It turns out that the best part about Tinder, the locations-based dating app, isn’t about how effectively it leads to people hooking up based on photos from users’ real Facebook accounts, but rather the interface it uses to do it.
The swipe-left/swipe-right for yes/no input has taken the app development world by storm, and perhaps too fast for Tinder to protect its intellectual property in the matter, as other app developers are saying, “Oh yeah, we were working on it at the same time as they were.”
Today, Tinder gets 800 million swipes per day and claims to have matched 1 billion users with each other. But maybe its greatest success is bringing a card-based swiping interface to the next generation of apps.
If you haven’t heard it a bunch already, be prepared to hear a lot of apps referred to as “the Tinder of this” or “the Tinder of that.” So to help you out, here’s a list of the next Tinders of things.
“It’s the Tinder of…”
Music — Next is a music discovery app (currently for iPhone users only) based on the swipe for yes/no interface, developed by two former Tinder creators. It could be the next generation of MySpace or BandCamp or other web-based music sharing systems designed for musicians to rate and like other musicians’ work.
Jobs and networking — If you have wished that someone would combine Tinder with LinkedIn, then your wish has been granted with Jobr. Or, if you’re just looking for networking or platonic hanging out with others nearby that share similar social interests, then maybe download Coffee, Weave or Networkr.
Search — If you’re looking for the Tinder of Google, then Jelly is for you. Founded by Twitter alum Biz Stone, the idea is that people want to help each other, so Jelly leverages that collective empathy to answer other people’s question (or swipe it away).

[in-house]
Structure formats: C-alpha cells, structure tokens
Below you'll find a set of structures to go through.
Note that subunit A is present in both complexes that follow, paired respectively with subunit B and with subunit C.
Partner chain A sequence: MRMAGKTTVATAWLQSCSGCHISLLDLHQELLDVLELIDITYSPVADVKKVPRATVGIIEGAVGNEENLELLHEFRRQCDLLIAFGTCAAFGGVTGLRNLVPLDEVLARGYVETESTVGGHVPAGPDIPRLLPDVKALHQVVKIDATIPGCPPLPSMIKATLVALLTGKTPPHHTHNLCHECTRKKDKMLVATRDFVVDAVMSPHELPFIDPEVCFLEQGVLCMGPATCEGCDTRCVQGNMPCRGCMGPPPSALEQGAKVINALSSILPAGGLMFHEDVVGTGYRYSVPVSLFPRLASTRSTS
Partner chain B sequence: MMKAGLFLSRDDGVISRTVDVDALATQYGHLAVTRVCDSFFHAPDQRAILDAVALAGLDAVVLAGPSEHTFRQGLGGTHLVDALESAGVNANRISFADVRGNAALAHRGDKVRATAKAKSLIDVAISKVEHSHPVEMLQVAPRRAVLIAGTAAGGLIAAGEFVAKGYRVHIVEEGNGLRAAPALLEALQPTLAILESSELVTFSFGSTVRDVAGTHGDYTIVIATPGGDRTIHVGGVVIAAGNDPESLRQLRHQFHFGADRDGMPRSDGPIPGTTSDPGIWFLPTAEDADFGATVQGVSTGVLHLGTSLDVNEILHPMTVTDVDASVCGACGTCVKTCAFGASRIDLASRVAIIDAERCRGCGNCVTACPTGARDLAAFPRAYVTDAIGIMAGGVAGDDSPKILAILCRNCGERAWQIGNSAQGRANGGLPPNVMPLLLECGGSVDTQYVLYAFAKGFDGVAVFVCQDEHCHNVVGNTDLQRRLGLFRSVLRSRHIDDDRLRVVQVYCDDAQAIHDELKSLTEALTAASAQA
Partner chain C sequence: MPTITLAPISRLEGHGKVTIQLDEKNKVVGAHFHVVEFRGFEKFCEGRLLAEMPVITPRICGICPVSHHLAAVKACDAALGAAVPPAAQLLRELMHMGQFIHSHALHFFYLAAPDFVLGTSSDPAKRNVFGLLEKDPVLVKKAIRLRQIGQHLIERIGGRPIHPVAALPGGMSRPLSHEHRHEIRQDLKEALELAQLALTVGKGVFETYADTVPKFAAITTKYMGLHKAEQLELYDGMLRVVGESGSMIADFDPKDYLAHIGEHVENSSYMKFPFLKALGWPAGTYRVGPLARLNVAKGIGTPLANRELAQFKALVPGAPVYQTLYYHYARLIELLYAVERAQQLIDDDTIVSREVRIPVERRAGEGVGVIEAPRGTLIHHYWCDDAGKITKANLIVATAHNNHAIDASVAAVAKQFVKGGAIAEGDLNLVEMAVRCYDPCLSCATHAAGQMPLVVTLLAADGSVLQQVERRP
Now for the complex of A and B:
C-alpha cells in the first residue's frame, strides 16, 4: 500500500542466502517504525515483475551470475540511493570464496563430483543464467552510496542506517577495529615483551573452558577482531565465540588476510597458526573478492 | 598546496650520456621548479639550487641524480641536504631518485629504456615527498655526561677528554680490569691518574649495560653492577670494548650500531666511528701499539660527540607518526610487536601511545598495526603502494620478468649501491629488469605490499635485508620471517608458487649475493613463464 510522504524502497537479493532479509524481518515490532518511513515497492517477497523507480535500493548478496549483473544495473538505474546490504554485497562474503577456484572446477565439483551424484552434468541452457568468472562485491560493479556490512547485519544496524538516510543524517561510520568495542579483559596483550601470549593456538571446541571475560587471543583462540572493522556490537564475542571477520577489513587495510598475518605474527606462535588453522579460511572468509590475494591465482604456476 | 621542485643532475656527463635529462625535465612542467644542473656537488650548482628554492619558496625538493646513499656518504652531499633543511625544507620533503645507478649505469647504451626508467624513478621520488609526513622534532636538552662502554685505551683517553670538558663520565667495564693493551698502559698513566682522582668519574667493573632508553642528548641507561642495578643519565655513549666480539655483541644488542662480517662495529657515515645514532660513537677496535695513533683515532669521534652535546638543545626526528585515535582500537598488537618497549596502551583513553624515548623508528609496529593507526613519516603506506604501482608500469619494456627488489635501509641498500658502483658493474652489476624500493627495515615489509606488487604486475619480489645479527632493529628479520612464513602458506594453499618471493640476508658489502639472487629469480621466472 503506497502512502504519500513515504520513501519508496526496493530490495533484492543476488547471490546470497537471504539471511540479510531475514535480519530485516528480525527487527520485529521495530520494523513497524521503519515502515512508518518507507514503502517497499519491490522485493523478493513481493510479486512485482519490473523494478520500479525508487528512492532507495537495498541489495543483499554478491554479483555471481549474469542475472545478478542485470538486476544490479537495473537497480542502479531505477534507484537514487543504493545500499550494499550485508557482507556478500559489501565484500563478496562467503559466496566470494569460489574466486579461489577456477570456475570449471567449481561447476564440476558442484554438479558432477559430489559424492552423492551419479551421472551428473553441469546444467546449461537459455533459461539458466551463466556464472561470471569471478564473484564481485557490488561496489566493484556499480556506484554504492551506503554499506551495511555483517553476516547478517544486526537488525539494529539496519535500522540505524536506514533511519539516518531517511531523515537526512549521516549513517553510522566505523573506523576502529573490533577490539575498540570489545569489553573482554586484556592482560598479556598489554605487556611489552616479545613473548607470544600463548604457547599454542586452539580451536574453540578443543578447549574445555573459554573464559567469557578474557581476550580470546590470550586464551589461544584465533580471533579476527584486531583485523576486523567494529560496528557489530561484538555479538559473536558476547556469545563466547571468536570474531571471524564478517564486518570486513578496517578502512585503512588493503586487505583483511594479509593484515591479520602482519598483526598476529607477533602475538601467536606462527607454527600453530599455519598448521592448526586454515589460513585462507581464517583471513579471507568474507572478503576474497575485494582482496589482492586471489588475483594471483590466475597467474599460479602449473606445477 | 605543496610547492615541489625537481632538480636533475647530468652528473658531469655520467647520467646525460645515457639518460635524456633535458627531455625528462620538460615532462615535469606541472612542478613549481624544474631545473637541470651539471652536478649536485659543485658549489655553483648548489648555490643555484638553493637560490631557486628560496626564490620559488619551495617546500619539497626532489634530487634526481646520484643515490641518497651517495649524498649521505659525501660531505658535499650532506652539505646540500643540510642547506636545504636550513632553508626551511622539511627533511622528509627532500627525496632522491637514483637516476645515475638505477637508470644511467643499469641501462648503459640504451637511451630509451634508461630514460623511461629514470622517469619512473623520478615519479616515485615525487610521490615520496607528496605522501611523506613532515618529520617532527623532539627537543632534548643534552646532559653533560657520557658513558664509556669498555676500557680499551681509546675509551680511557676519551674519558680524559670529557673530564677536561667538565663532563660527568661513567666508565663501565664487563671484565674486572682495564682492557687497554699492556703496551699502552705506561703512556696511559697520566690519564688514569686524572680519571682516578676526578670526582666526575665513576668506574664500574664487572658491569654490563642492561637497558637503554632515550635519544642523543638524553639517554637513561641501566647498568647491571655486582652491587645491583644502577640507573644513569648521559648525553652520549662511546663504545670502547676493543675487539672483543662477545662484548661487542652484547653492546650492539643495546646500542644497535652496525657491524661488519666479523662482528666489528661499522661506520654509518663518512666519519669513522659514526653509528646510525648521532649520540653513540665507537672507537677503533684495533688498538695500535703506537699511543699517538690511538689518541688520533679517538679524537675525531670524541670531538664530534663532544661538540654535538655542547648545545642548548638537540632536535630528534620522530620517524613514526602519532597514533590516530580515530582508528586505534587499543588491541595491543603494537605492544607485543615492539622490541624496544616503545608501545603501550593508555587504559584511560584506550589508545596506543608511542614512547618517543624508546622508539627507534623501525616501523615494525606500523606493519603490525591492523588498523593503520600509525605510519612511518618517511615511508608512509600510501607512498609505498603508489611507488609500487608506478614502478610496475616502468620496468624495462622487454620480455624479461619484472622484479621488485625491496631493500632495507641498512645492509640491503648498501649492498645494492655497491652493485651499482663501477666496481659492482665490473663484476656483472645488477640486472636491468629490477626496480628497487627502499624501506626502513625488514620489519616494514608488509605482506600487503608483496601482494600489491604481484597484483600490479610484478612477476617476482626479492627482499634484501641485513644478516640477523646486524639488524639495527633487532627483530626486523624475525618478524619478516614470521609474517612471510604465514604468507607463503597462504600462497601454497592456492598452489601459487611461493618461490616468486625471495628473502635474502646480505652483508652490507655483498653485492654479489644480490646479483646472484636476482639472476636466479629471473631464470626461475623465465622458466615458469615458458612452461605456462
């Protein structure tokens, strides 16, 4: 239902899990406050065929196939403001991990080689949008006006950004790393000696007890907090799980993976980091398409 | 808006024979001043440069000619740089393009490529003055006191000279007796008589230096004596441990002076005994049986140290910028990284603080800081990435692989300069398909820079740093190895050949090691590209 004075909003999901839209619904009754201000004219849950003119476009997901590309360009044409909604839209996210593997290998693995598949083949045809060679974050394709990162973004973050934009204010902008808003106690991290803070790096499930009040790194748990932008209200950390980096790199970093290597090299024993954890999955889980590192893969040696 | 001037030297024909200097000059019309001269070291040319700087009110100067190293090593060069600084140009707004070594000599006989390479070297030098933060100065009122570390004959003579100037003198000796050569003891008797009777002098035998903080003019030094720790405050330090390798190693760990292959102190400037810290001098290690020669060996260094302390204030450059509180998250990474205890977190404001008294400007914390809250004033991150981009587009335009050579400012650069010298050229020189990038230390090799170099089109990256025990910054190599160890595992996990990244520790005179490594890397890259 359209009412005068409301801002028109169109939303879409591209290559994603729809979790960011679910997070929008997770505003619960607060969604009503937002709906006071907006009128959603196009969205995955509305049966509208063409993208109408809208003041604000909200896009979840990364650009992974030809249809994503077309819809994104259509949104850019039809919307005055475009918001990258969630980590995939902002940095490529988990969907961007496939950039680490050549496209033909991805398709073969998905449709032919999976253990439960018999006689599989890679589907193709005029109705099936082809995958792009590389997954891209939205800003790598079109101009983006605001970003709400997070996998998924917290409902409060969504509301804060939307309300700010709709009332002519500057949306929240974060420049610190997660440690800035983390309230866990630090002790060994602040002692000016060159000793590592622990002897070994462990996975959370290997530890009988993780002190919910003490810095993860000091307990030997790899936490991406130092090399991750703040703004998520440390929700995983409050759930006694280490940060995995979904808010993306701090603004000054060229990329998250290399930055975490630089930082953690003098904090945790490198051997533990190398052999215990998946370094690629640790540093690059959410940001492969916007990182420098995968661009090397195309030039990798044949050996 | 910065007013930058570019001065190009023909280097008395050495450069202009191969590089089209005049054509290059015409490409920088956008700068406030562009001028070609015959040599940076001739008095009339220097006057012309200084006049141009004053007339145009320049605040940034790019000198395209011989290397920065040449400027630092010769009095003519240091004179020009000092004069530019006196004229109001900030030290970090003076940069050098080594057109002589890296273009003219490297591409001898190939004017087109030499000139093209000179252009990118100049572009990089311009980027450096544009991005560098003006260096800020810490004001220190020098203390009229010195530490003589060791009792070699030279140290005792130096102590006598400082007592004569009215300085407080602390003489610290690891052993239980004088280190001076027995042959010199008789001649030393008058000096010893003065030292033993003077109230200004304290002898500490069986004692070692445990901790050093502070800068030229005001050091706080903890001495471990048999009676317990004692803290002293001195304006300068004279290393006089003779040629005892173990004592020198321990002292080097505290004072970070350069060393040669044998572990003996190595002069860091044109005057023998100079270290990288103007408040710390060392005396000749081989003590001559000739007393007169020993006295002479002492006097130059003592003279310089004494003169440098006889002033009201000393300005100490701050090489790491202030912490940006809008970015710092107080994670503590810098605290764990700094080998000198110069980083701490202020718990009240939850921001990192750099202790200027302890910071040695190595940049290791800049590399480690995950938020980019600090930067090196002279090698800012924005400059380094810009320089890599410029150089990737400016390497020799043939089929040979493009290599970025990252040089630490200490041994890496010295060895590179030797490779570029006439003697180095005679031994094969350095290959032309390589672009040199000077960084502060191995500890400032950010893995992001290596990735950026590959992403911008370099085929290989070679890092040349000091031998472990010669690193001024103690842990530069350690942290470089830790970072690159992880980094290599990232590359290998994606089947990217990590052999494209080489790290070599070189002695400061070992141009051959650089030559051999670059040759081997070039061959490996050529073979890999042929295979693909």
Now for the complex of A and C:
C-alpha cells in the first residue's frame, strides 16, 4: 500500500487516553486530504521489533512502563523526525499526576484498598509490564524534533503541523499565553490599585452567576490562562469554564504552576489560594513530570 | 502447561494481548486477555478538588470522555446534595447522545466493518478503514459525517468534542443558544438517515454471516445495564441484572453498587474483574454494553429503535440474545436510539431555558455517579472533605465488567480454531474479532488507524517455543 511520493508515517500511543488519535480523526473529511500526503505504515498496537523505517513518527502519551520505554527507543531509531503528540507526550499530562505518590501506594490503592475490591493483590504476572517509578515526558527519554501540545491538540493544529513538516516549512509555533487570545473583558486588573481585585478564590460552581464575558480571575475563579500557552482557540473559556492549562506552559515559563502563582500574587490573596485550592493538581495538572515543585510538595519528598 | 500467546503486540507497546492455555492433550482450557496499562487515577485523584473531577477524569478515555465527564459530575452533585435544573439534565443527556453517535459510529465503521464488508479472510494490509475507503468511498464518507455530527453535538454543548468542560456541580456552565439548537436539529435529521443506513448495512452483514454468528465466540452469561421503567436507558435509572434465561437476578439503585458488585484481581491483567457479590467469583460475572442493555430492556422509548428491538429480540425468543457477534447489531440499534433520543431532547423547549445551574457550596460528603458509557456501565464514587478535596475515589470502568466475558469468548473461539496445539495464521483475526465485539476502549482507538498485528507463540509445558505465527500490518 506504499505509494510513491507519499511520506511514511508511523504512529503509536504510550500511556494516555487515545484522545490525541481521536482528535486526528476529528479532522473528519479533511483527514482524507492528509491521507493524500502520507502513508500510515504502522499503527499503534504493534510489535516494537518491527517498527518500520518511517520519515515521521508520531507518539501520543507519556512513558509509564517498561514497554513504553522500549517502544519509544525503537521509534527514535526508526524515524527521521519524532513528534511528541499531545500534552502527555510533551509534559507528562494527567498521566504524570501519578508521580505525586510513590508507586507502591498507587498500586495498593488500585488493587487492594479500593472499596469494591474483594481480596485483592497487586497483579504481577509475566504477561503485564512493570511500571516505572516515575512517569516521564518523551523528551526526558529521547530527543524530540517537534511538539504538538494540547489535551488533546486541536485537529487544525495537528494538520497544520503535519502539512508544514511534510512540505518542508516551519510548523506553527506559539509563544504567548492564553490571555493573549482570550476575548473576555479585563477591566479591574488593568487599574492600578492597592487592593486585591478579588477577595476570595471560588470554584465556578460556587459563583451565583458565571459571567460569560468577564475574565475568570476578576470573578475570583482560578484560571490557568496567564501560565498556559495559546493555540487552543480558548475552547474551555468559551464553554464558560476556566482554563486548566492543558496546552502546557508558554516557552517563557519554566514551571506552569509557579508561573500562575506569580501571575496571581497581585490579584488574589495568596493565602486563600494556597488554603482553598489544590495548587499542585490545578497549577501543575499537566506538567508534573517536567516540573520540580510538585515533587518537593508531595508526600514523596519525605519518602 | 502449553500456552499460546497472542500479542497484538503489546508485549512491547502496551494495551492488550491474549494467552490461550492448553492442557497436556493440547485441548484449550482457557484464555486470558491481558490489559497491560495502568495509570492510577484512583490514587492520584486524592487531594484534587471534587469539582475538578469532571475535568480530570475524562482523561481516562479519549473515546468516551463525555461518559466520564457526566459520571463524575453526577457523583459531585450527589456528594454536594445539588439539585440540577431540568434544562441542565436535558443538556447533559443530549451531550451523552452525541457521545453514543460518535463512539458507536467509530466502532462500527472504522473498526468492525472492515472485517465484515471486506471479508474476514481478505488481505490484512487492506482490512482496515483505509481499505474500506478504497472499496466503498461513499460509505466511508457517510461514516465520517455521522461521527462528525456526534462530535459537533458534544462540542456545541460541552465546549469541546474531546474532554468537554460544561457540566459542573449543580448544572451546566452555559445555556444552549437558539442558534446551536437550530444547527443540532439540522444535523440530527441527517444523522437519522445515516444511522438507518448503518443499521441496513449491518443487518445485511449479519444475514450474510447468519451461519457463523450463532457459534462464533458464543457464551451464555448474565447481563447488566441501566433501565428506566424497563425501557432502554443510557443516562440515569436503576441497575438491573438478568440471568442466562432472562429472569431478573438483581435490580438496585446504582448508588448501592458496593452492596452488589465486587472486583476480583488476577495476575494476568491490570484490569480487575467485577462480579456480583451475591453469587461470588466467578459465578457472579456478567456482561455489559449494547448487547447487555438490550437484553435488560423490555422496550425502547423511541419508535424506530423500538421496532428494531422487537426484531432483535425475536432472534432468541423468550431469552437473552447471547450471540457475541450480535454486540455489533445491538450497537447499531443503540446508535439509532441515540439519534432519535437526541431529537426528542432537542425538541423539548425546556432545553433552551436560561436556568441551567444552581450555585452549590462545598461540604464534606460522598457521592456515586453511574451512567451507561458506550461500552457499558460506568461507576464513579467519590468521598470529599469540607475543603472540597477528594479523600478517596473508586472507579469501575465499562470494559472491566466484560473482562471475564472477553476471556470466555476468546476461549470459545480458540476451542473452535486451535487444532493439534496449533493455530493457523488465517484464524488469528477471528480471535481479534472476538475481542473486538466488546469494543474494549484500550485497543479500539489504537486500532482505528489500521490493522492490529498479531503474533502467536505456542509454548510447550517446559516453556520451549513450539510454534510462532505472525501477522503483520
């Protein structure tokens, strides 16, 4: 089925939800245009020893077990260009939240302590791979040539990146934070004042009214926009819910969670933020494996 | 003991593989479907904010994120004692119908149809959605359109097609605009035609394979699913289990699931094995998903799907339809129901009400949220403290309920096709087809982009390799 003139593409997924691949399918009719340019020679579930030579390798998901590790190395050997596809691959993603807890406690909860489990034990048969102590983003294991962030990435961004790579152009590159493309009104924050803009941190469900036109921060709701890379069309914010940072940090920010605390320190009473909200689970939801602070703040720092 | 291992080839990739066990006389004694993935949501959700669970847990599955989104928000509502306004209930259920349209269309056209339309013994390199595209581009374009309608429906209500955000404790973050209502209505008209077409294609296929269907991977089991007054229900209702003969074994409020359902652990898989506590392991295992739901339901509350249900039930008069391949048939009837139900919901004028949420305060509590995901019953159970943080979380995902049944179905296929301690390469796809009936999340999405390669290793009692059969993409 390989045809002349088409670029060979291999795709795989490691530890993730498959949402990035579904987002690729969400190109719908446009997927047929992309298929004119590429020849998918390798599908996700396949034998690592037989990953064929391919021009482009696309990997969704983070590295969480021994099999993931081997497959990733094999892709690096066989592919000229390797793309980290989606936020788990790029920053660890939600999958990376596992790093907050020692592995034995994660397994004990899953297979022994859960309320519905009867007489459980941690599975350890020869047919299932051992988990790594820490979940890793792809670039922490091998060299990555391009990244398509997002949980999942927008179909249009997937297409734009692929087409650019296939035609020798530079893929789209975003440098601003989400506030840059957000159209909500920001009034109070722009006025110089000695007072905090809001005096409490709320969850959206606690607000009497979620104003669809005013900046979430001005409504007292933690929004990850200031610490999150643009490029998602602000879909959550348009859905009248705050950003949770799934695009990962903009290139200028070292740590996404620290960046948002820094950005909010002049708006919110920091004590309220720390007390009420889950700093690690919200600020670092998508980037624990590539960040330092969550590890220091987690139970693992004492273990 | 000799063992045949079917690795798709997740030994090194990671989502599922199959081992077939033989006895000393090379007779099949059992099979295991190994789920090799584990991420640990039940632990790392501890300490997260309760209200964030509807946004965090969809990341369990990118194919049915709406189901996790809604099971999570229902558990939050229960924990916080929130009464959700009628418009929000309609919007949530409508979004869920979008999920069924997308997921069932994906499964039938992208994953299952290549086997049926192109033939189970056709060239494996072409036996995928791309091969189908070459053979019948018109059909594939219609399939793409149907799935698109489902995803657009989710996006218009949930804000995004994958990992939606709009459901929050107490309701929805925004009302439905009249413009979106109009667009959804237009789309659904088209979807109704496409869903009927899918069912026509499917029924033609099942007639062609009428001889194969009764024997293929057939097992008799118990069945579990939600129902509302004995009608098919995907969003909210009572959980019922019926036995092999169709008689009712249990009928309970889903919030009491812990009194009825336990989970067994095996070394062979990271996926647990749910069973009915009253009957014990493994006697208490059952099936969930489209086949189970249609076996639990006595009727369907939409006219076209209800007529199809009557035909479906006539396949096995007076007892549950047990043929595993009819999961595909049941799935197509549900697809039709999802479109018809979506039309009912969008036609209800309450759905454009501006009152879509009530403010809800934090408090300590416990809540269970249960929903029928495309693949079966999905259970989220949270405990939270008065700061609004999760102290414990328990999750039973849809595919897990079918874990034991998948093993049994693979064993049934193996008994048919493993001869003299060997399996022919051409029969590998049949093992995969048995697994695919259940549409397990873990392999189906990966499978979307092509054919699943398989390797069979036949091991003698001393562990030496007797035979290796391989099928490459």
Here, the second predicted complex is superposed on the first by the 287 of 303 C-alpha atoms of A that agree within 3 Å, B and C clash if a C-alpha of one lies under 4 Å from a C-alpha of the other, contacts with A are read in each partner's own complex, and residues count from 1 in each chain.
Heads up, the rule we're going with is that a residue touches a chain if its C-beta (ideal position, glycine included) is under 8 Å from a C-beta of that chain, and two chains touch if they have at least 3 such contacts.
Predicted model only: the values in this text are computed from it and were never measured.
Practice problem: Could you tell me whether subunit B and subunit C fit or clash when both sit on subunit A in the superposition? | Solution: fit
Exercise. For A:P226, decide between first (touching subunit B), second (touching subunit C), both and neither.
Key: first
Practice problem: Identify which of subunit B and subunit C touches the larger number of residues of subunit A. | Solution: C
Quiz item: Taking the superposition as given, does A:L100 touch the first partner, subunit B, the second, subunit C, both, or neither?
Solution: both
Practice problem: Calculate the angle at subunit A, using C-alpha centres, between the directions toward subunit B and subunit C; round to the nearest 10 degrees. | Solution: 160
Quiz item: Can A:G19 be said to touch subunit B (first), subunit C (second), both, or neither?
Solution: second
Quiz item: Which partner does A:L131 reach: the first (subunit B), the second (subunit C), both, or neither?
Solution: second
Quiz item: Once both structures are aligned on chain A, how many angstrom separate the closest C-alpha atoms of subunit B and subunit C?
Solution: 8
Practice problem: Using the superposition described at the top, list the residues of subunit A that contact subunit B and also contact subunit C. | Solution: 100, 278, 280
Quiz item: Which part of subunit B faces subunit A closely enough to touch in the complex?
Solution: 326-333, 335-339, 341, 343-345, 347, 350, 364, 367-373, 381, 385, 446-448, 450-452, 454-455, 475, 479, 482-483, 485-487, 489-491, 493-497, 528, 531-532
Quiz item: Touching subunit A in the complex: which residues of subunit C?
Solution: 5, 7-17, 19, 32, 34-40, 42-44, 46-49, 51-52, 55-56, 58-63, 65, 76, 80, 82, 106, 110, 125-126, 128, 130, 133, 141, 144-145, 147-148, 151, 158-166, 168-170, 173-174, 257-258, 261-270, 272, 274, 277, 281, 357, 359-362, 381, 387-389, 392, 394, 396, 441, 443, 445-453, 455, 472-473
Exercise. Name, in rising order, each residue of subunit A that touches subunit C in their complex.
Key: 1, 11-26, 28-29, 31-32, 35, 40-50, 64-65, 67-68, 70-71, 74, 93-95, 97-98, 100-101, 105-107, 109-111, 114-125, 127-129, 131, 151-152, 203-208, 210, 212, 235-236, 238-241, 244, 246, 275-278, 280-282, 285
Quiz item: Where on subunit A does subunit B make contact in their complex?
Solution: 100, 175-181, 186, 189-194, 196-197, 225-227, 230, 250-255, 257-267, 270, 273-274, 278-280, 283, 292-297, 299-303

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Eating — The Weotta app takes the swipe platform out for dinner, displaying nearby restaurants for you to swipe yes or no. Like if Chowhound hooked up with Foursquare on Tinder.
Storytelling — The Steller app just went through a relaunch an added lots of new social networking features, but the basic concept is to give users greater creative control of the content generated from their smartphones to allow pictures and videos to become elements of a story.
Dogs — Bark Buddy is Tinder for dogs. Do you want to see all the available dogs up for adoption in your area? Yes, you do. Yes, you do. Who’s a good boy?
News — Daily is Tinder for news, brought to you by the makers of Buffer, which distributes your social media content over optimal scheduling moments during the course of the day. With Daily, you can swipe news content left or right, yes or no, to let the app know how to best serve you content that you want to see.
Shopping — This obviously makes perfect sense. Tinder for shopping? Of course. Kwoller is a swiping app that also keeps track of pricing of products in real time. Or Blynk, a fashion swipe app that learns what you like by your swiping, and then suggests custom outfits. Tinder for shoes? There’s a pair of them: Stylect and SoSho.
Hook-Ups — Tinder is great, but maybe you don’t want prospective dates to see your Facebook pictures. Maybe you just want your most revealing pics so you can get down to business with that special someone that you just met via a locations-based app by swiping a certain way… Then you need Mixxxer. Nobody is judging you, but dang.